Oh.. and about the cheese. Just like you can add it, you can always take it away. Order your pizza with light cheese – or none at all! You may be surprised at how delicious a pizza can taste without the cheese.
Making Healthier Pizza at Home
Want to enjoy a delicious pizza and really make it a healthy treat? Then make it at home. Here’s a healthy dough recipe that’s tried and true!
• 2 Cups whole wheat flour
• 1 1/2 cups all-purpose flour
• 2 tablespoons extra virgin olive oil
• 1 tsp salt
• 1 tsp honey
• 1 tablespoon active dry yeast
• 1 1/3 cup of warm water (110-120 degrees F.)
(depending on the humidity of your home, you may need to adjust your flour/water amount slightly as you mix the dough)
1. In a large bowl, mix your dry ingredients together, place yeast in last.
2. Add olive oil to water and warm in microwave to temperature (10-15 second increments), stir in honey
3. Pour water, honey and oil mix into dry ingredients and begin mixing with a heavy spoon or kitchen-aid style mixer until dough comes together.
4. Tip the dough onto a lightly floured surface and continue to knead the dough for approximately 10 minutes, folding it back into itself repeatedly. After about 10 minutes the dough should become supple and smooth. If the dough is sticky, add small amount of flour during the kneading process.
5. Fill microwave-safe bowl with hot water and microwave water in bowl for approximately 1-2 minutes depending on your power settings.
6. Spray or coat a plate or flat dish with olive oil lightly, place dough on the dish and lightly cover the surface of the dough with oil. This prevents drying while it rises. Place the dough on the plate on top of the heated bowl of water in the microwave. DO NOT MICROWAVE YOUR DOUGH. Close the door on the microwave to trap the heat and moisture. This helps the dough rise more quickly and keeps the surface of the dough moist.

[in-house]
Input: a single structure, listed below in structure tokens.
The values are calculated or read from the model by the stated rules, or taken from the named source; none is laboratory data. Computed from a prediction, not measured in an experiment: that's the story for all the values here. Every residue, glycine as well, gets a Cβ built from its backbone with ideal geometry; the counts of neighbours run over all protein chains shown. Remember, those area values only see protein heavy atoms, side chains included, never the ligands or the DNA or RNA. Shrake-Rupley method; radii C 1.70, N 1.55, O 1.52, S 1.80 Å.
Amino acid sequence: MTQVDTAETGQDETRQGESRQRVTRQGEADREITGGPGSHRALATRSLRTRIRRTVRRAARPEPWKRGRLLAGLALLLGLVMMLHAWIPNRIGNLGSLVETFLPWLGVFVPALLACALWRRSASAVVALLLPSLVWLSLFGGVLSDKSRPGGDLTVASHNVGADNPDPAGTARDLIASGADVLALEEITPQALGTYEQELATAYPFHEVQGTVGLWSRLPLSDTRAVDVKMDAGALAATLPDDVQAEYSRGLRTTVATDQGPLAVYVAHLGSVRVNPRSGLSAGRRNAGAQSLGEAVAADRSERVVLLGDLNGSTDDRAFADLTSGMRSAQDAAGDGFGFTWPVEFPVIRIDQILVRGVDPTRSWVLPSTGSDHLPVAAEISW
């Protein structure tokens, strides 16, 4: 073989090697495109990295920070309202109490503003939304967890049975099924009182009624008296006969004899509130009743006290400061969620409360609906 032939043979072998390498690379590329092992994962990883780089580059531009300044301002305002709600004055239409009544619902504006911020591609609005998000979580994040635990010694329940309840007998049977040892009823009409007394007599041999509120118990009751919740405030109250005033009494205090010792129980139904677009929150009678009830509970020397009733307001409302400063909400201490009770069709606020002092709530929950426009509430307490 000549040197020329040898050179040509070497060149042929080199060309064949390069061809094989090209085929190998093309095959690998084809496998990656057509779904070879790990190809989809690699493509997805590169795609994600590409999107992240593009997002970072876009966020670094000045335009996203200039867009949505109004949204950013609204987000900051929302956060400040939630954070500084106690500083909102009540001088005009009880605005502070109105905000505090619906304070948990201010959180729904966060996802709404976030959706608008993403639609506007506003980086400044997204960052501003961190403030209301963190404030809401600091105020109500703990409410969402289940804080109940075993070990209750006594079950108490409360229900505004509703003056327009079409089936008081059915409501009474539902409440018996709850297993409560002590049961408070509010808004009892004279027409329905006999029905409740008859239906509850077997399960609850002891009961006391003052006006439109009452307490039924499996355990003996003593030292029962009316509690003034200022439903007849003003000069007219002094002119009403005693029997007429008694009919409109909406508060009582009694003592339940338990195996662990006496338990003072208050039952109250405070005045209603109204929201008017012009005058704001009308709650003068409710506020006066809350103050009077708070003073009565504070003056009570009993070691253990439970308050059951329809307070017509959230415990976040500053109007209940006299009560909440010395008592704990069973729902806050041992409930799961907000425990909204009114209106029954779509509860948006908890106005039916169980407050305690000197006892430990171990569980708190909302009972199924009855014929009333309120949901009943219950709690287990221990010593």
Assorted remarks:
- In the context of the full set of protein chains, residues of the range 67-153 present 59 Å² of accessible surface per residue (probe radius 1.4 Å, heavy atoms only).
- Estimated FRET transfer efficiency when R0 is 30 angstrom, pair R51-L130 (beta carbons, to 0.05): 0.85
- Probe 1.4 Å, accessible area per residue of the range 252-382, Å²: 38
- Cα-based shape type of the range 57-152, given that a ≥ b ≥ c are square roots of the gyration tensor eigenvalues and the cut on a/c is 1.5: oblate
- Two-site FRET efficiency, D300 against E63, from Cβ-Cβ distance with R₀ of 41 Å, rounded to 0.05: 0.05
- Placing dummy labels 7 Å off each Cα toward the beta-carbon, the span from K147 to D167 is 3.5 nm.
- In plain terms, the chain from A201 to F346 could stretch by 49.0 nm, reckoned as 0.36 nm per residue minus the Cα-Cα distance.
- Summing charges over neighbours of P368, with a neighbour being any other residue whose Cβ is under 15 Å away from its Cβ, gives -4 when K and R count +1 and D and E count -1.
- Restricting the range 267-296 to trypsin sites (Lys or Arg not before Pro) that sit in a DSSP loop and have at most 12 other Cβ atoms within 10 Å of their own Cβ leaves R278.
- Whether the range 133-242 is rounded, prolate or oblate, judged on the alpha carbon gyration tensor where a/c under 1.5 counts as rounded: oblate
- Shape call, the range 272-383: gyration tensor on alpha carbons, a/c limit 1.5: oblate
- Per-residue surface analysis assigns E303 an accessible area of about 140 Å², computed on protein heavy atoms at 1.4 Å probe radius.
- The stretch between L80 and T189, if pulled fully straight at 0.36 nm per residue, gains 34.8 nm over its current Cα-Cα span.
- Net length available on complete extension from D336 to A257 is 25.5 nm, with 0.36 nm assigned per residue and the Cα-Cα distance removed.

7. Let the dough stand until it doubles in size. Remove and cut the dough in half. Form the two halves into tight balls and let them rise for around 45 minutes either covered in the open or back in the microwave.
8. Preheat your oven to 425 degrees F. Roll out your dough with a rolling pin to desired size (larger makes for thinner crust). Drape the dough over your first and gently tug in opposite directions to pull the edges outward as you rotate the crust. Place the dough on a pizza pan, add sauce, your favorite topings, and a low-fat/skim milk mozzarella cheese. Bake for 12-18 minutes or until the crust is golden brown with the cheese melted evenly. Bake longer for a crispier crust. (bake time may vary depending on your oven).
If you do make a thin crust pizza, reduce the bake time by several minutes, as some pizza pan designs and cookie sheets will burn your crust on the bottom. You can minimize burnt crust risk by cross-stacking one or two cookie sheets under your pizza pan while you bake.